In case you missed our last blog post, we discussed the importance of a regulated and balanced temperature in your pipe organ room. While it might be strange to think that the temperature of a room can alter the entire pitch of a massive instrument, it can! We are here to help you know what to do when it comes to organ tuning and how to best prepare for the tuner to arrive. You can always call Whitesel Church Organs for assistance and tips, as we will be happy to tune your pipe organ for you. Read on to learn more!

Beware of programmable thermostats

Some churches have now switched to having thermostat programming, which is wonderful for the comfort of your congregation. However, it does happen where someone will set the thermostat to the proper temperature the night before a tuning in order to keep the organ in the right conditions, but thermostat programming will override that change. This usually isn’t discovered until it’s too late, and we will have to reschedule the tuning.

Does the room temperature have to stay constant for the organ?

Many people want to know if the organ needs to stay at tuning temperature at all times, or whether they can set the temperature back to the way it was for the sake of efficiency. You will need to speak with your tuner specifically, as they will be able to assess the room and your particular pipe organ to ensure that everything will stay stabilized. To be honest, unless your room goes to the extremes of temperature or humidity, you can set your room temperature to go back to a reasonable interval, as long as you set it back in time for the room to stabilize before a performance or event. In other words, if you tune your organ at 75 degrees, keep it at 65 during the week, and push it back to 70 degrees the day before a service, your organ will be in tune and ready to go come Sunday morning.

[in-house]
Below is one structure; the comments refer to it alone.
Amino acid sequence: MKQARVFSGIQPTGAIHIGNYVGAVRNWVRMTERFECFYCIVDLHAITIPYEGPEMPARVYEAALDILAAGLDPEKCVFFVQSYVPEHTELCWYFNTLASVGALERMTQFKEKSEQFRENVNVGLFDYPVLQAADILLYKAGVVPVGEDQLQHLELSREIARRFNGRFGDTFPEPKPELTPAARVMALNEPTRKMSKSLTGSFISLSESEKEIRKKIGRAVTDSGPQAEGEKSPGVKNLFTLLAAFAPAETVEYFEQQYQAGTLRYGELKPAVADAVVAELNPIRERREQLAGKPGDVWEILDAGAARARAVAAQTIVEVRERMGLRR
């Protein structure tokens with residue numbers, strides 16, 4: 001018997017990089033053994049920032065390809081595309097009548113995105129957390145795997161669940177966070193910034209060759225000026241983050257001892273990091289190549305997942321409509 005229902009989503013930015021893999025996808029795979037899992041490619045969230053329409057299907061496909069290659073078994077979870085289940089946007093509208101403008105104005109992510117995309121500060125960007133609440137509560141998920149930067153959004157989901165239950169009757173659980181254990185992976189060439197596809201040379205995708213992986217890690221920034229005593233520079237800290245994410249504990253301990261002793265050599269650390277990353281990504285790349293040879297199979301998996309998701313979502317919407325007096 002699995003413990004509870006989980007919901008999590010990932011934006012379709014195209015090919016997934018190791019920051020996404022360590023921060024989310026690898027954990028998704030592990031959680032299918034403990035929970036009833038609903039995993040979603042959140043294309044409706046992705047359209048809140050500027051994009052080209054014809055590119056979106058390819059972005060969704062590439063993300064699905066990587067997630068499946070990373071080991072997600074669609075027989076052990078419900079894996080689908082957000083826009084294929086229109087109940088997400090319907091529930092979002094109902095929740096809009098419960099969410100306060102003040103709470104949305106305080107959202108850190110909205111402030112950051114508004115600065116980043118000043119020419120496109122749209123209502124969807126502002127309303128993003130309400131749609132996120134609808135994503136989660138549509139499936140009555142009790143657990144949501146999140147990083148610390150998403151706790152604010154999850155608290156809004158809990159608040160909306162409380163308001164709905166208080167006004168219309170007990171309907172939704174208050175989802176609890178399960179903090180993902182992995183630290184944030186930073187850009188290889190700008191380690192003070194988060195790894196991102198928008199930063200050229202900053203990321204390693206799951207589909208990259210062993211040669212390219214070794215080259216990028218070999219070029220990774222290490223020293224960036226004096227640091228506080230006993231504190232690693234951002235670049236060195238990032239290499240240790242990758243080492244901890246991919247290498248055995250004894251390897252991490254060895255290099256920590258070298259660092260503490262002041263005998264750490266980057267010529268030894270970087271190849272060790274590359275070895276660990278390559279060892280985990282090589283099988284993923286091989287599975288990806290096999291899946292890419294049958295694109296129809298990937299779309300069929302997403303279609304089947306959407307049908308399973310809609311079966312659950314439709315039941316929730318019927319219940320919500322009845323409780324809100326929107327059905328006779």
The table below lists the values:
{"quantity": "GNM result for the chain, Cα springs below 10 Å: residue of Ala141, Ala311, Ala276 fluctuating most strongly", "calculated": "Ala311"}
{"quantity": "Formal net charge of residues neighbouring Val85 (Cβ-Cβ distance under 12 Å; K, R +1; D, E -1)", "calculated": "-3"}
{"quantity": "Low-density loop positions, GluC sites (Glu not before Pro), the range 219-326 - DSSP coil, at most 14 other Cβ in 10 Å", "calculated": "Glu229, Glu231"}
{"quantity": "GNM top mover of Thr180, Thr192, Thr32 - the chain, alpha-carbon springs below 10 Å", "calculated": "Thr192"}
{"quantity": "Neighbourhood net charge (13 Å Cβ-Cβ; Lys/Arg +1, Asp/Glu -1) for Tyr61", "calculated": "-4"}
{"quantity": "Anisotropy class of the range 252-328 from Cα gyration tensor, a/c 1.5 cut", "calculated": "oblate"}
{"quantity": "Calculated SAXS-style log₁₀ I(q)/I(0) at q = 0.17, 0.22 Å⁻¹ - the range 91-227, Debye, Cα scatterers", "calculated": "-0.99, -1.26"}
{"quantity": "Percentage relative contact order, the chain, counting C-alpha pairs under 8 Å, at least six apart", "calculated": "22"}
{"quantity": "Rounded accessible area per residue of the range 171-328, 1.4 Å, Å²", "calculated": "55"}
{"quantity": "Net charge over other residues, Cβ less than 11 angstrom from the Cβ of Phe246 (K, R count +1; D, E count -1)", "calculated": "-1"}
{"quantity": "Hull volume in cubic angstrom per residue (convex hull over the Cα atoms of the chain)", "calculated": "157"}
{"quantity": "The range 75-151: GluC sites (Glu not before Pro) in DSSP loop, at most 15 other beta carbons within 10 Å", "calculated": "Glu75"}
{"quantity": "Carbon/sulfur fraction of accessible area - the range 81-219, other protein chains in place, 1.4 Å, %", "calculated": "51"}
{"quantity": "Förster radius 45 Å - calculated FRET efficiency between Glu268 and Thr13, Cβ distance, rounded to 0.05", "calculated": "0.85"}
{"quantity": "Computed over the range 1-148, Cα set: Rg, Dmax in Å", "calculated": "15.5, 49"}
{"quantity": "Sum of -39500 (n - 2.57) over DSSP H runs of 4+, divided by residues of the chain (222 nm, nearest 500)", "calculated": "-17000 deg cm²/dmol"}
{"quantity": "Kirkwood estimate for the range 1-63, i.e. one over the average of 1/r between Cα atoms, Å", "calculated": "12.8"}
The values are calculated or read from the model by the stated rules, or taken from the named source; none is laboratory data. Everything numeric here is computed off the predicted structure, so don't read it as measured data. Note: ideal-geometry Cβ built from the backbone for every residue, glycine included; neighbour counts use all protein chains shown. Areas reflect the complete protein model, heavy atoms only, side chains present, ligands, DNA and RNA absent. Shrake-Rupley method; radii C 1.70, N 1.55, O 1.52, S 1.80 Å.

However, you will also need to keep the effect of humidity in mind, especially in relation to the temperature. Many large parts of the organ are made with wood, which expands as the humidity increases. The wood parts are susceptible to the dry conditions that have come with artificial heating. If the air in your pipe organ room is not humidified in the winter, you should allow the room’s temperature to fall back in order to increase the humidity in the air. Air conditioning is less of an issue when it comes to humidity. The best plan for winter dryness is to find a humidity system that can keep all the air in the room at a balanced level. This will extend the life of your organ, as well as any of musical instruments and wood furniture kept in that space.

Contact Us

If you would like to learn more about our tuning services and how we can help you, contact Whitesel Church Organs! We would be happy to come to your New York church and assist you with tuning your pipe organ. If your church is in need of a new organ entirely, we can help with that, too. Reach out today!